Today we are covering heart- related problems such as CVD, how to maintain heart health as well as heart attack related First Aid!
Some interesting facts about the heart...
Your heart beats approximately 100,000 times each day.
The heart is the strongest muscle in your body.
Women's hearts beats a little faster than a men's.
The average size of an adult's fist is the size of the heart.
Your heart pumps around 2,000 litres of blood every day.
Your blood vessel system reaches more than 6000 kilometers if it were to be layed out.
Laughter can benefit your heart. It eases the tension and strengthens your immune system.
The heart can still beat when it is not connected to the body.
Cardiovascular Disease (CVD) & Coronary Heart Disease (CHD)
CVD is an illness that affects the heart or blood vessels. It is frequently accompanied by an accumulation of fatty deposits in arteries and a higher risk of blood clots. CHD is a condition that develops where the major blood vessels to the heart are diseased or damaged. They are very similar in how the risk for each is reduced and prevention methods but they differ in that CHD includes damage to the heart and blood vessels whether it be from a defect or injury and not just acquired issues such as dis
Your heart began to beat just 3 weeks after you were concepted and it will have to beat 2.5 billion times for you to reach 70 years old. Although your heart may be the strongest and most used muscle, it can become weak due to factors such as smoking, an unhealthy diet or putting unnecessary stress on it.
In our lifetimes, 1 in 2 of us will develop a heart-related condition. It has become crucial to pay attention to heart health.
The good news is there are lots of simple things you can do to improve your hearts health…
Quit Smoking – for a smoker, the best thing you can do to prevent heart disease - is to stop. After a year from giving up, risk of a heart attack falls to about half.
Get Your '5 a Day' – eating a minimum of 5 portions of fruit and vegetables per day- a good source of vitamins, minerals and fibre, essential for strong muscles and immune systems.
Be Active – being active reduces your risk of developing heart disease and known to be a stress reliever.
Watch Your Weight – sticking to a balanced diet, with lots of fruit and veg combined with physical activity can reduce the risk of developing heart disease.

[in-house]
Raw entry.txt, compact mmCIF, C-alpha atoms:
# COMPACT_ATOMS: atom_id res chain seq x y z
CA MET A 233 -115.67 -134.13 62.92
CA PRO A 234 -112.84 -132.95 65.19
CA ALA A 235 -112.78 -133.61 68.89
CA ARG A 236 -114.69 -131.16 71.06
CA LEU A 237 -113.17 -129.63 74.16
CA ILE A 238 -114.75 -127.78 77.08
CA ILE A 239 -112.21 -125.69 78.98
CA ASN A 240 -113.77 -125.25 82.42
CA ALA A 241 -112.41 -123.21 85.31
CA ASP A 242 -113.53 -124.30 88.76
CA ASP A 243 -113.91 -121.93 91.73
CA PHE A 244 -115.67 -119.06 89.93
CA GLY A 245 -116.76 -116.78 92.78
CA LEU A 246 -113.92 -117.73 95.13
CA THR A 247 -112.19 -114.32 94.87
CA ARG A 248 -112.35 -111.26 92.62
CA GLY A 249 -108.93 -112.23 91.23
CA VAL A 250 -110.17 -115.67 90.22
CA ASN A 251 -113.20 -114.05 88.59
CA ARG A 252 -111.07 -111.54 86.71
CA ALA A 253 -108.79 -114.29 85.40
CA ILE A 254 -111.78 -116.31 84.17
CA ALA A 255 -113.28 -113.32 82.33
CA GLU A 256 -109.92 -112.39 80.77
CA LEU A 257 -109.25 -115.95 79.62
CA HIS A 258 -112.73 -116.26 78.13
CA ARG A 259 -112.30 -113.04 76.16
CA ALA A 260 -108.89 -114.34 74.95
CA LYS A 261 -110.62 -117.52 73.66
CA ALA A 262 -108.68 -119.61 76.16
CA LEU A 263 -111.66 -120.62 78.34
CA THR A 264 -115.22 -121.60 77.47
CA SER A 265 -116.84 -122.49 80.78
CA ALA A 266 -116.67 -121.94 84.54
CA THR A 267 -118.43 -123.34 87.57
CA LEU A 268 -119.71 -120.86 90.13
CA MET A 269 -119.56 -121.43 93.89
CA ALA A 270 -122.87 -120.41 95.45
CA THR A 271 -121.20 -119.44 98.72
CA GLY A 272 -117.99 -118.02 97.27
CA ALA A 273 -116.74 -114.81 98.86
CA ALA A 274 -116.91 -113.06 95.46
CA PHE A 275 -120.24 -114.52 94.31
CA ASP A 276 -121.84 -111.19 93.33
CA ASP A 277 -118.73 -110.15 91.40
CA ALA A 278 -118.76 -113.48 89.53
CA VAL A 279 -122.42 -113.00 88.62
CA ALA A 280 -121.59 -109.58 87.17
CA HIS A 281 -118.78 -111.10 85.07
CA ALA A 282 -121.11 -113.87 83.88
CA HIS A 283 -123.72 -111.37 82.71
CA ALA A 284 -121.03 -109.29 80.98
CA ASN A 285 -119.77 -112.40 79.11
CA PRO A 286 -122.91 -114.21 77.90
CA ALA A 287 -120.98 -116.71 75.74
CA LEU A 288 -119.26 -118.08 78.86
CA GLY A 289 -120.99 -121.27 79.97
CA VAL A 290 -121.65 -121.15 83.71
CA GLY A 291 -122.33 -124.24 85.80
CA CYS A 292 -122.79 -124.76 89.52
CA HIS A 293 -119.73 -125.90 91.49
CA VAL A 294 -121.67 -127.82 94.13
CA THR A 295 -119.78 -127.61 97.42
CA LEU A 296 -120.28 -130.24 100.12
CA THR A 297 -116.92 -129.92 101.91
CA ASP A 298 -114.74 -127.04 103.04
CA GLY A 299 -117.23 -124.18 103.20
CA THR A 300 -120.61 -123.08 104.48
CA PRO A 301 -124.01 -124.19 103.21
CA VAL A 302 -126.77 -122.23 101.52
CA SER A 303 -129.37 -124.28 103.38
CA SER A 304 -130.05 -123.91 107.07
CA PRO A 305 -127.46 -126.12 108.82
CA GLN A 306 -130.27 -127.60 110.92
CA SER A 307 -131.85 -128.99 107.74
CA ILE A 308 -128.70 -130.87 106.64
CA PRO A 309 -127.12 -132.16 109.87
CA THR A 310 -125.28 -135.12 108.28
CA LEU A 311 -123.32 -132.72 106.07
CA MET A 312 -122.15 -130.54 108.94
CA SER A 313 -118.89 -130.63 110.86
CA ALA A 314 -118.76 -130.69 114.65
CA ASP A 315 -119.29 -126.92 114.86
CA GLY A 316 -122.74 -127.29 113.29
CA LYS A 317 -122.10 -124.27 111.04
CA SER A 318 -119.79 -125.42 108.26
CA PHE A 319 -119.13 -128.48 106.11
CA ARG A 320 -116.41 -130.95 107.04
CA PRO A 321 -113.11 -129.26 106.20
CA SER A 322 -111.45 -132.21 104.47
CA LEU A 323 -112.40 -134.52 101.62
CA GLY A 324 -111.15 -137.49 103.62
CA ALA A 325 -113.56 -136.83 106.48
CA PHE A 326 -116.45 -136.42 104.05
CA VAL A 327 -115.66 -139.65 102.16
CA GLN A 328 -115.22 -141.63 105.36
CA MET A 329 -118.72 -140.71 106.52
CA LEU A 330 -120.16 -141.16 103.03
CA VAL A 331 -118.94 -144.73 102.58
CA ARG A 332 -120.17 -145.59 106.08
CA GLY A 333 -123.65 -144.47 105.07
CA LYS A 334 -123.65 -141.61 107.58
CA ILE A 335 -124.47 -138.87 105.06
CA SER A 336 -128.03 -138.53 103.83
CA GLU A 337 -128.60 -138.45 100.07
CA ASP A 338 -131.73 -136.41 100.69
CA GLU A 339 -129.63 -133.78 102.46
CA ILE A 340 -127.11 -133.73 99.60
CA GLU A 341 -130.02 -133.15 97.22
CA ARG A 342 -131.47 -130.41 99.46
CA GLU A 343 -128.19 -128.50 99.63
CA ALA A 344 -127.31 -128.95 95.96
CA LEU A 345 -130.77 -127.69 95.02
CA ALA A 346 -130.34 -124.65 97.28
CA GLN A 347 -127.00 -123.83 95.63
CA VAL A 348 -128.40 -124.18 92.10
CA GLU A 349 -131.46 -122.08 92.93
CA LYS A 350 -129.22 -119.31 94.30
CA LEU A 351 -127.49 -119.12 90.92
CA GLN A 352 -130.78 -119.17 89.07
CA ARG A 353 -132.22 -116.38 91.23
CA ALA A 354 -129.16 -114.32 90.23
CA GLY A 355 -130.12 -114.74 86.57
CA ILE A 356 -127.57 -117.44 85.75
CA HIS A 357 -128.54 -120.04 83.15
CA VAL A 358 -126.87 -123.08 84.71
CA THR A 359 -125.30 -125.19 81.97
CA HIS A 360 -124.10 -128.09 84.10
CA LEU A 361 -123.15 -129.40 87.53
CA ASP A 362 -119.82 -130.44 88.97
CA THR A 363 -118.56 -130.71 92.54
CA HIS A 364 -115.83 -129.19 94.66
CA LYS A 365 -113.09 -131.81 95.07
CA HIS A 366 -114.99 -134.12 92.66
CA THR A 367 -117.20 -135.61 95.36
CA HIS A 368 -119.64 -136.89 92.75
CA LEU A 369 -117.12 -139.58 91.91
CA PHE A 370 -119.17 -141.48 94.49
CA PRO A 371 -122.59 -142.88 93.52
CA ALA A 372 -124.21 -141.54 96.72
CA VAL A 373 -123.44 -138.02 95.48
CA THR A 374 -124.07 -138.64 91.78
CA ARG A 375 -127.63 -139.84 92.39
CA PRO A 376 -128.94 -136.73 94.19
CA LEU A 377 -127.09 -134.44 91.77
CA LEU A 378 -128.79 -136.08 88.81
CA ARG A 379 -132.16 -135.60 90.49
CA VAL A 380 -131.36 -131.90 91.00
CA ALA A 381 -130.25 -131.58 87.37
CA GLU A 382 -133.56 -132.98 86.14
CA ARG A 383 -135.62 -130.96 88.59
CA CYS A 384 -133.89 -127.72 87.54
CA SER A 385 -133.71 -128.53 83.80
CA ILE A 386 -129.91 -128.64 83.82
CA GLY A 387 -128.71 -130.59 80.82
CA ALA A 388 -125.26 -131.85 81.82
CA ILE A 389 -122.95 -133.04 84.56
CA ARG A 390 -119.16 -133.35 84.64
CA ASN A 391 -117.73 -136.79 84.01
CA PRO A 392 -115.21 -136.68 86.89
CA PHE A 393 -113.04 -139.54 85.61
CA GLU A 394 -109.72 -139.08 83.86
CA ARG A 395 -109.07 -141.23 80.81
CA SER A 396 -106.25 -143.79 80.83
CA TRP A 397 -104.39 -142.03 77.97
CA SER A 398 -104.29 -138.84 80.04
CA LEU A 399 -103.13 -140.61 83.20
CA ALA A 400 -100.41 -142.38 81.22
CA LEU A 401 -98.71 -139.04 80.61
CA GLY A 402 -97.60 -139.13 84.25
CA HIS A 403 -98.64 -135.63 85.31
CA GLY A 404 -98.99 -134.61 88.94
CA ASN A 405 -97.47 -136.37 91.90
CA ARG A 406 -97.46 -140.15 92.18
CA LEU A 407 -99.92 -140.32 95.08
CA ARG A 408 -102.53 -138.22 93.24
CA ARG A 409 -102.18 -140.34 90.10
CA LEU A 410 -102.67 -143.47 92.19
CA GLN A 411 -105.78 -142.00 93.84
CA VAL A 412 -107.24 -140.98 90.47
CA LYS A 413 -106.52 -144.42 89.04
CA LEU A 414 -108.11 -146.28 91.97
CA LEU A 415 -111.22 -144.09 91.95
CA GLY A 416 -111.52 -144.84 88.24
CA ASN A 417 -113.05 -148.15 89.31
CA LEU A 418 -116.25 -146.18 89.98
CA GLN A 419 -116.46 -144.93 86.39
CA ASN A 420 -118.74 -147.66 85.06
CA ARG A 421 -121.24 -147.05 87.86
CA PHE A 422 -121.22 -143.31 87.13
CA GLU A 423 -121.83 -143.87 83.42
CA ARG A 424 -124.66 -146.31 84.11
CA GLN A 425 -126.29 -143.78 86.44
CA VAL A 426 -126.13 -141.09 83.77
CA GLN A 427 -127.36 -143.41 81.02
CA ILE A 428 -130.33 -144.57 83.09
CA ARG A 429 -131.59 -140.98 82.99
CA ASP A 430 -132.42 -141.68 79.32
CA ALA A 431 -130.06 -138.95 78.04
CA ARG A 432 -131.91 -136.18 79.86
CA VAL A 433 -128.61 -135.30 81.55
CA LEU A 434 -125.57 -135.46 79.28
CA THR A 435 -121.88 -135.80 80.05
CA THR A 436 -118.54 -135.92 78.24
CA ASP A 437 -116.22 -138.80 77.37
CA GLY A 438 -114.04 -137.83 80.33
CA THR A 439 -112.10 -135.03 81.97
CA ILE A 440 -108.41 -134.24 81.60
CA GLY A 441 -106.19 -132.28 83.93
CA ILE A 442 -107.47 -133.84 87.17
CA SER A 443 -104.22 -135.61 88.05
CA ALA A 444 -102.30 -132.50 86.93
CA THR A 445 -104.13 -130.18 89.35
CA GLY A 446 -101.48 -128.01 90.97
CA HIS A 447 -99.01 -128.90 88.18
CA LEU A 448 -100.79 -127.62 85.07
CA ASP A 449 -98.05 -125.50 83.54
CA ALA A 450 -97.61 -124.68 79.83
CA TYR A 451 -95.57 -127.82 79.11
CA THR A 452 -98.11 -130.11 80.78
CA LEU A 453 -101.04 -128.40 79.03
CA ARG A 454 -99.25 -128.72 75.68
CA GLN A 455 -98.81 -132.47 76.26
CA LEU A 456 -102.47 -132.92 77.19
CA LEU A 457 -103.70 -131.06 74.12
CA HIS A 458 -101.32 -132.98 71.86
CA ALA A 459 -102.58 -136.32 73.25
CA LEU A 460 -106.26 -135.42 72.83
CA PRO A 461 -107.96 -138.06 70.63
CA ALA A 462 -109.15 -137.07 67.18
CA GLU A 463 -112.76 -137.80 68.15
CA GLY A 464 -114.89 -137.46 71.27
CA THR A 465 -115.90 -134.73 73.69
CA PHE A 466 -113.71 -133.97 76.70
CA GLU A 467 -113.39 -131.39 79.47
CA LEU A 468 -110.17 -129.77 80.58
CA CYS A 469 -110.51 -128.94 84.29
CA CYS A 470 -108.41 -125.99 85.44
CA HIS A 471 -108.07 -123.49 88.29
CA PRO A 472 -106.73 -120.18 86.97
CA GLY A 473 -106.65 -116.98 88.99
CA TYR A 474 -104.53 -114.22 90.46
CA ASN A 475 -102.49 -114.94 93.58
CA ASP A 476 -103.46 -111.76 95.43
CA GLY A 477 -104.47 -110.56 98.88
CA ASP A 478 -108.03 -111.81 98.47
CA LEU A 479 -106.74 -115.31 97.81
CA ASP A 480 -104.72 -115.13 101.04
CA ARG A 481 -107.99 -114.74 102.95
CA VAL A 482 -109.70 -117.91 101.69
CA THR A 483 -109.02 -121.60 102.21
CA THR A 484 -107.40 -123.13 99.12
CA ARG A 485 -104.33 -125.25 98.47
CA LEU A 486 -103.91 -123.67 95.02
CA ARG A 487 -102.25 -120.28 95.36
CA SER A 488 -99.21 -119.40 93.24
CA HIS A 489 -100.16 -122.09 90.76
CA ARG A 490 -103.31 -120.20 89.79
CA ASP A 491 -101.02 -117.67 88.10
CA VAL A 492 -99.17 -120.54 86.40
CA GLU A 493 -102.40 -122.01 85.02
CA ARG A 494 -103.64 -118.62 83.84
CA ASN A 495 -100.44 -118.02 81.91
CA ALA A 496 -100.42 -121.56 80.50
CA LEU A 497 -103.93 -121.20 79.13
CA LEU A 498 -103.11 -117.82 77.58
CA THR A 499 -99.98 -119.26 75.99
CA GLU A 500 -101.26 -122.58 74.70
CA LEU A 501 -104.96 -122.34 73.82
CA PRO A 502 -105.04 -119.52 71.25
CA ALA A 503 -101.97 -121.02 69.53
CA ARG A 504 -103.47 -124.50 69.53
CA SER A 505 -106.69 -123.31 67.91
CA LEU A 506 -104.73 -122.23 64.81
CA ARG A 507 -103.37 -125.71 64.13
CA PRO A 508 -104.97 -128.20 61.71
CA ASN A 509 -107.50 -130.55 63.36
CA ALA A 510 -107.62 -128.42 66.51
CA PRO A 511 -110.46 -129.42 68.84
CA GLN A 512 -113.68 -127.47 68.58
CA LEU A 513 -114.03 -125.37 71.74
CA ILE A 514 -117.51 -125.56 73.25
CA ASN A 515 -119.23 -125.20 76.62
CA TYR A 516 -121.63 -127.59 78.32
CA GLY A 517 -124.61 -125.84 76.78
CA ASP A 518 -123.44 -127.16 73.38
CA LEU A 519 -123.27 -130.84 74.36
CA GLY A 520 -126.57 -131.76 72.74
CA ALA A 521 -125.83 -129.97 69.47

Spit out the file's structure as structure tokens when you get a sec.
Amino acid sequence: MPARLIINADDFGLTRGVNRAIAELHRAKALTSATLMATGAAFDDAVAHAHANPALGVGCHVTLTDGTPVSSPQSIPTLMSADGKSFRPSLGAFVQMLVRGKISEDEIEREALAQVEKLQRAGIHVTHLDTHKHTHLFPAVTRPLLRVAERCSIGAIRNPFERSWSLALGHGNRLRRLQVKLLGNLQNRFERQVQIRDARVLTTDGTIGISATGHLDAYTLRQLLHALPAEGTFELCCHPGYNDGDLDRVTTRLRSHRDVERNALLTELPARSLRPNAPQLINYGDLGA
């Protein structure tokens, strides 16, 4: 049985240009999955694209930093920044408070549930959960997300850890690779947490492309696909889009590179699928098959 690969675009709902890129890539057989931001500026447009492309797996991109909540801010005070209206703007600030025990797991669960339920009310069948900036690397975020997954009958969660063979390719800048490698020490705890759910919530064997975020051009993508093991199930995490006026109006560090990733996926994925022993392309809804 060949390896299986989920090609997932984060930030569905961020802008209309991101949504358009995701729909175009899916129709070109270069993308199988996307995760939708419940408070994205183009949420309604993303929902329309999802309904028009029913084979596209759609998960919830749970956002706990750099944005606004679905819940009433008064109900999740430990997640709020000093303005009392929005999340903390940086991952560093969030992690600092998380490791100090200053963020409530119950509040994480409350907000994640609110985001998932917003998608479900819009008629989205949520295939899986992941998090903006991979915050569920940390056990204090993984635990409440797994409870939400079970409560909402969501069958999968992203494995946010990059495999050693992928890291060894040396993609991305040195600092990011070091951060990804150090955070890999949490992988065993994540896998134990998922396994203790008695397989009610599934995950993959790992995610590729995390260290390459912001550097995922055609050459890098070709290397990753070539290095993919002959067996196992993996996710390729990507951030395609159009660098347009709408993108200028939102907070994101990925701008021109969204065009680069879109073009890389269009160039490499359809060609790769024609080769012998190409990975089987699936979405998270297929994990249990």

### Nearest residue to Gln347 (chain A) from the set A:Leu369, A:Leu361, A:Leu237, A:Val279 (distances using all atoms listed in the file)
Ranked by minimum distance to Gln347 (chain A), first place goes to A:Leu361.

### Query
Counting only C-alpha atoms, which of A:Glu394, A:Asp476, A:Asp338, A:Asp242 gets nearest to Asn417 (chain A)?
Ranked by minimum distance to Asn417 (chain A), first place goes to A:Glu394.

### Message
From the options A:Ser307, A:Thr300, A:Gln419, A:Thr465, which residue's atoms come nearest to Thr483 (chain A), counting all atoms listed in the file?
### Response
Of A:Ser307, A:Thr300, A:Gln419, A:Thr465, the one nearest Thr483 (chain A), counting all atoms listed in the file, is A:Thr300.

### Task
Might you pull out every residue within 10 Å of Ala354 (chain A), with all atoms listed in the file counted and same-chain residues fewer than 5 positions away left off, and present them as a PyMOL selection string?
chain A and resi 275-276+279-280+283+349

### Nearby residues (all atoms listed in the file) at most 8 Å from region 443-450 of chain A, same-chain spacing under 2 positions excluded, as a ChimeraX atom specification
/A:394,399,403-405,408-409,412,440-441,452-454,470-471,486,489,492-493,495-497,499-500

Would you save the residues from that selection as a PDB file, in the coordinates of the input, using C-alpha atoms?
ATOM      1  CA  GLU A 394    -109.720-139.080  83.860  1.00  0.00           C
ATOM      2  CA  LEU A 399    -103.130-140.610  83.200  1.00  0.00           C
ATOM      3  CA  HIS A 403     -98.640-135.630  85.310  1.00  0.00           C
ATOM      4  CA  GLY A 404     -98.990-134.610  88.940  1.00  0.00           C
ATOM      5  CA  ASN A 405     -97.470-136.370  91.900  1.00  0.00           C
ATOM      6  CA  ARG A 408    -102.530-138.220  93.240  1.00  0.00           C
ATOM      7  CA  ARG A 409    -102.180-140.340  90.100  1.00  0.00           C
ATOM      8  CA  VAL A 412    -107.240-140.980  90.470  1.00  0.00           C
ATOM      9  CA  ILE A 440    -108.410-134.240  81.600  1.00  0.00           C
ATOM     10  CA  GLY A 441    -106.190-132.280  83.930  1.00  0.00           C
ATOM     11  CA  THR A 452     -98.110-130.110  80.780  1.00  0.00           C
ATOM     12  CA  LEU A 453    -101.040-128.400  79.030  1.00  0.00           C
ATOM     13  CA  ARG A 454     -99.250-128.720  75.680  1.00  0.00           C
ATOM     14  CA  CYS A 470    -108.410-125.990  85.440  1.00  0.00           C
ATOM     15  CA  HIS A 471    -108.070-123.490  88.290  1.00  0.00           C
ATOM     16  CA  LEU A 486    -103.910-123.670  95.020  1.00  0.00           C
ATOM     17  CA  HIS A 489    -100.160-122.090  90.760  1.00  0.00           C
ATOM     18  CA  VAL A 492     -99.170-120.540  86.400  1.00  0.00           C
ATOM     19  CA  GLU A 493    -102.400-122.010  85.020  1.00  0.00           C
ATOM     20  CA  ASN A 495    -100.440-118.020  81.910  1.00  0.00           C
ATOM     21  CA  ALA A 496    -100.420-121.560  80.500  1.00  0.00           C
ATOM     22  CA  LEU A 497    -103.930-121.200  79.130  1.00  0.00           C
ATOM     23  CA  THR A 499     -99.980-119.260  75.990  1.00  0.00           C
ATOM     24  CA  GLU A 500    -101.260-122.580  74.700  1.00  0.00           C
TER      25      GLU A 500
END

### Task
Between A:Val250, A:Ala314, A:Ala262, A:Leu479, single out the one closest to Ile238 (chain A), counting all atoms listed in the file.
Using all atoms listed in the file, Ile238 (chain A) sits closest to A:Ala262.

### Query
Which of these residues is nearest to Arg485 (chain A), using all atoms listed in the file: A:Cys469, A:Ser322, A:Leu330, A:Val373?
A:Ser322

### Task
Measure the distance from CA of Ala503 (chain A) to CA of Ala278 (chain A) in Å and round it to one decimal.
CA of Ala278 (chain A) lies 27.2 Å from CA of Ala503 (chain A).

Consume Less Alcohol – try to keep to an alcohol limit as this reduces the risk of serious problems not only with your general health, but your heart as well. Alcohol also contains calories that contributes to an unhealthy diet.
Eat lots of Fibre – get plenty of fibre in your diet (about 30g a day)You can get fibre in wholewheat bread, oats and wholegrain cereals and of course, fruit and veg.
Reduce Saturated Fat – choose leaner meat cuts and less fatty dairy products to keep your blood-cholesterol level low. High saturated fats increase your risk of heart disease.
Eat Fish – fish are a source of omega-3 fats and oils and can help to protect against heart disease. Sardines, salmon, pilchards and one portion of oily fish are recommended to eat about twice a week.
Reduce Salt intake – watch for high-salt levels in ready-made meals. Adults should eat a maximum of 6g of salt a day (roughly 1 teaspoon). Try lessen the salt in your cooking and avoid using salt to season food. This will help to maintain a good blood pressure.
Manage Your Stress – look out for signs of stress, try to identify the causes and review your lifestyle and coping mechanisms. Getting enough sleep, time to relax and unwind will keep stress to a minimum.
First Aid for Heart Attacks
You may find yourself in a situation where you or someone else needs to administer first aid for someone who is having a heart attack. Every minute is crucial – would you know what to do? If you answered no, we can help!
Symptoms of a heart attack are less visible in women and often present as a chest ache, heartburn or un uncomfortable feeling in the jaw, back, neck or shoulder. For men it may be a chest pain or numbness in the left arm and shoulder.
The first act would be to sit the person down and call an ambulance immediately. If there is no pulse and the heart has stopped beating, start CPR. If there is a defibrillator nearby use it as soon as possible.
Using a Defibrillator
Defibs (also called Automated External Defibrillators or AEDs) are becoming more available in workplaces and the community (public access). With so many more AED’s available, it’s a great idea for everyone to know how to use a defibrillator. AEDs have voice prompts that are easy to follow and basically all one needs to do is listen to what it says and it will do the rest. When seconds count, AEDs are vital for all medical emergencies, especially ones that are heart related.